Unfortunately, something that I didn’t expect is the rubbish strap. While this black genuine leather two-piece may look nice, unfortunately, it is unequivocally a piece of garbage. Within a couple of weeks, it has already started to show heavy warping and creasing, to the extent where I anticipate the layers will start to fragment in the not too distant future. The buckle isn’t even signed and for a £155 watch, it feels like they have completely cheapened out. The only thing the quick-release spring bars are useful for here is removing the strap and binning it. Almost any alternative 20mm option would be a better fit here.

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Final Thoughts

There’s something I don’t quite understand. Why this model? Why revive this random 1978 Day-Date in particular? You see, I can appreciate why they brought back the sweet-looking sports models and especially the vibrant, wave-dialled Falcon Eye. In contrast, though, this watch just doesn’t seem quite so ‘special’ or unique. I’m sure some of you out there are going to love it, yet I can’t help but feel like it’s a little vanilla.

It does offer up that true vintage look with some benefits like the quieter tick and fresh components, leading to a longer lifespan. However, £155? Really? While the watch may deliver what it promises, I couldn’t justify such a bloated asking price for this very basic watch. After all, the specifications are rather basic, it doesn’t look as good as the other Q Timex models and the strap is even worse than those hair-ripping bracelets too. Not to mention, you can grab an array of actual vintage watches offering a very similar look for a fraction of that price.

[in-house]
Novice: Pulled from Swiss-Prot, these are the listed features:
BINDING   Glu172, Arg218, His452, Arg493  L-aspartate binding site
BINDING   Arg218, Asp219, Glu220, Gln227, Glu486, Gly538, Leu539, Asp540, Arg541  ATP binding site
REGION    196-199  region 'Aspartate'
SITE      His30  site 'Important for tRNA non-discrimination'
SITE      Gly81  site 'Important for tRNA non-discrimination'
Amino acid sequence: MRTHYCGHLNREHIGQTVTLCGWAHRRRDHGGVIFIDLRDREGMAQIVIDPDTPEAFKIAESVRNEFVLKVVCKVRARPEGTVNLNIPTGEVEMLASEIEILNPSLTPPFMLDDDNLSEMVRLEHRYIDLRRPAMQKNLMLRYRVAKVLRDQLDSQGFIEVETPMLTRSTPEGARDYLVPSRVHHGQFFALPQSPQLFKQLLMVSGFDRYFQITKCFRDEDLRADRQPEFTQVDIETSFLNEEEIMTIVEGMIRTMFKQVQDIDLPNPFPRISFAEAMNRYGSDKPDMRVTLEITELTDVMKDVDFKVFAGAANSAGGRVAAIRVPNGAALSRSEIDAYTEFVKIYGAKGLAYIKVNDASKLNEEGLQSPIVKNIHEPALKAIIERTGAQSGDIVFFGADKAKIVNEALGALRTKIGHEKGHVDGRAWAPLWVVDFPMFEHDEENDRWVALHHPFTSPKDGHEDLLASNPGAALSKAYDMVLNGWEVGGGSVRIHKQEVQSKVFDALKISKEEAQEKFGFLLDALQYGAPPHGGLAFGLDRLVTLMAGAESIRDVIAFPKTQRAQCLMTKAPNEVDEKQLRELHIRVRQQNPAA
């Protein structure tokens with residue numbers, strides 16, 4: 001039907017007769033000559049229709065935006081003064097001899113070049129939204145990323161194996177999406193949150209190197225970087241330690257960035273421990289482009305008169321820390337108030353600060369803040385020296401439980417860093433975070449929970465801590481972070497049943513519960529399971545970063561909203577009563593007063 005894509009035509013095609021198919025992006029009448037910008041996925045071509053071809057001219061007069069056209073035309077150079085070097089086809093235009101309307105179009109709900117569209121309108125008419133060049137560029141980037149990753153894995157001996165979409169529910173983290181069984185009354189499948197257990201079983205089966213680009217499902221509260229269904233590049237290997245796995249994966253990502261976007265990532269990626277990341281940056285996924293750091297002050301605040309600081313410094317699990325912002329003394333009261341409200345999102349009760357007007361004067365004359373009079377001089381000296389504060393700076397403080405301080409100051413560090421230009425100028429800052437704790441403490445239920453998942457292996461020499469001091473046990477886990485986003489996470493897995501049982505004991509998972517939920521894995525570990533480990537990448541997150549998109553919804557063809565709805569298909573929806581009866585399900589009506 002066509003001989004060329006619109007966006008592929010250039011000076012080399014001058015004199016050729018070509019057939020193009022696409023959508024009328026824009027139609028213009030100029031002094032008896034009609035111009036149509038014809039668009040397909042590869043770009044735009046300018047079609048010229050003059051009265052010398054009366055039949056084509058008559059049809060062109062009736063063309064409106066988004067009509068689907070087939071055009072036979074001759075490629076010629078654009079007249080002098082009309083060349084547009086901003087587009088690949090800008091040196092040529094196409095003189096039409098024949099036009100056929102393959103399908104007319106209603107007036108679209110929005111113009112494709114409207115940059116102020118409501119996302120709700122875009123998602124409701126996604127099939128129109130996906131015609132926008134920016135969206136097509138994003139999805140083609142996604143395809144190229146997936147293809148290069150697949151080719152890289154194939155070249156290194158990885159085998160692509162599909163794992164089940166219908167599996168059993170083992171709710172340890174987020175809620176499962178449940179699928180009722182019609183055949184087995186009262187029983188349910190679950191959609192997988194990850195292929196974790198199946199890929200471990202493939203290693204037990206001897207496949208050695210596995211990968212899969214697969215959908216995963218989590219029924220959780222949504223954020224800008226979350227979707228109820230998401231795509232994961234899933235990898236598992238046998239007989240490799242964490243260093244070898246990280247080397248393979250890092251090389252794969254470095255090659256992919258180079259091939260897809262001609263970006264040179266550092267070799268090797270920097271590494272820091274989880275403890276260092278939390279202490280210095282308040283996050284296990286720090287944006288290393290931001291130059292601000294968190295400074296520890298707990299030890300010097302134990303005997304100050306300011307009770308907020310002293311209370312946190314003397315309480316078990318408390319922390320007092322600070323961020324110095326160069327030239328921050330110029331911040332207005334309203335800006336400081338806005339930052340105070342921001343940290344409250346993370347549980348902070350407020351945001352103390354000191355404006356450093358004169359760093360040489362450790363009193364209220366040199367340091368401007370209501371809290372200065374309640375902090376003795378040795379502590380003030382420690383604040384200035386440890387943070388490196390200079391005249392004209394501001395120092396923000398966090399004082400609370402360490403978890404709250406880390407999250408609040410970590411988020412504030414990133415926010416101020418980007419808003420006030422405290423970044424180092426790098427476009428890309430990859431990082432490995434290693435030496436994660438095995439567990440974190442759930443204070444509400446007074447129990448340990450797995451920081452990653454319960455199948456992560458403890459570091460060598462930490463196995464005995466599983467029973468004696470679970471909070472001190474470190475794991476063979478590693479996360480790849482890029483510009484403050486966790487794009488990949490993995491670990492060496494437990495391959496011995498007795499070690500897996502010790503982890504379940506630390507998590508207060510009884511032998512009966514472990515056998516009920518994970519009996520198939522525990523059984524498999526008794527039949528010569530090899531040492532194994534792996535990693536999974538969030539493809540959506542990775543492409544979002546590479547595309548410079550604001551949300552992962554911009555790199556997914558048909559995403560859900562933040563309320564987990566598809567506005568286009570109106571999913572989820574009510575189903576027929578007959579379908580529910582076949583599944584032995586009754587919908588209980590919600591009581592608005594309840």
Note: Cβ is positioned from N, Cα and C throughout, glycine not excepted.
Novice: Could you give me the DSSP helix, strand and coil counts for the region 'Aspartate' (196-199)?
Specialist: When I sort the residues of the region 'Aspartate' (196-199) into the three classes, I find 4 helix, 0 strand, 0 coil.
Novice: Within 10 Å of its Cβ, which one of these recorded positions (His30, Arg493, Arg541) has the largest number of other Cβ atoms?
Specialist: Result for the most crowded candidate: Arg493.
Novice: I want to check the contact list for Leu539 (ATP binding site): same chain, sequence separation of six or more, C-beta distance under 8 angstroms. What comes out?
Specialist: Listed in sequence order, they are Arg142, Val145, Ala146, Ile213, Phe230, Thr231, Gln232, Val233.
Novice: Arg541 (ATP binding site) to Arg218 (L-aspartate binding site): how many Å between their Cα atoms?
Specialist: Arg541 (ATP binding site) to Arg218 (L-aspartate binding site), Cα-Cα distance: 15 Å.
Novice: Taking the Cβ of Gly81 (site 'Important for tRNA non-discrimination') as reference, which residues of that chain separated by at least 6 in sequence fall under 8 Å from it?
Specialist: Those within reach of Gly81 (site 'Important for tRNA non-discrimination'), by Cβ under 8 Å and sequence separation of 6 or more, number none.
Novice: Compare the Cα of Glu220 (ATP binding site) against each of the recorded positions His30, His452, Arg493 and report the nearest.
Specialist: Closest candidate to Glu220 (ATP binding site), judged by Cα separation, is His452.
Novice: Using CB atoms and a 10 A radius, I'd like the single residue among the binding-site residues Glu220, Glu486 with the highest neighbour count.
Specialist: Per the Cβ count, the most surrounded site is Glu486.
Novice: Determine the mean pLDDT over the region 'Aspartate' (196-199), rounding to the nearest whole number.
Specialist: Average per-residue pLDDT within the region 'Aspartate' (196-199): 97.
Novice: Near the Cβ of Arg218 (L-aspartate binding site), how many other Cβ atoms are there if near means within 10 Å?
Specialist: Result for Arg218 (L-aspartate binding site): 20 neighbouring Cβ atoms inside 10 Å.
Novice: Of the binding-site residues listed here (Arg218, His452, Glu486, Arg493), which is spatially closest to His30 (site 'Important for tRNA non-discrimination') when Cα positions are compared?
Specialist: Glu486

If you like the premise of this one, I’d wait until this is on a heavy discount before buying. At the moment, they have a 25% off code on the Timex website, bringing this down to a more reasonable £116. Nevertheless, I know they can do better, as they already offer the similarly-cased Milano XL 38mm for £50 less, which comes with a more scratch-resistant crystal and a decent solid link bracelet to boot.

Sure, the dial is simpler and overall it doesn’t look quite so retro, though I think it still highlights how a big chunk of your cash is (as I suspected) going into nostalgia marketing with this ’78 reissue; rather than into the watch itself. If this were priced similarly to that Milano, it would have gotten a nod from me, but for this much money, I can’t give it my seal of approval.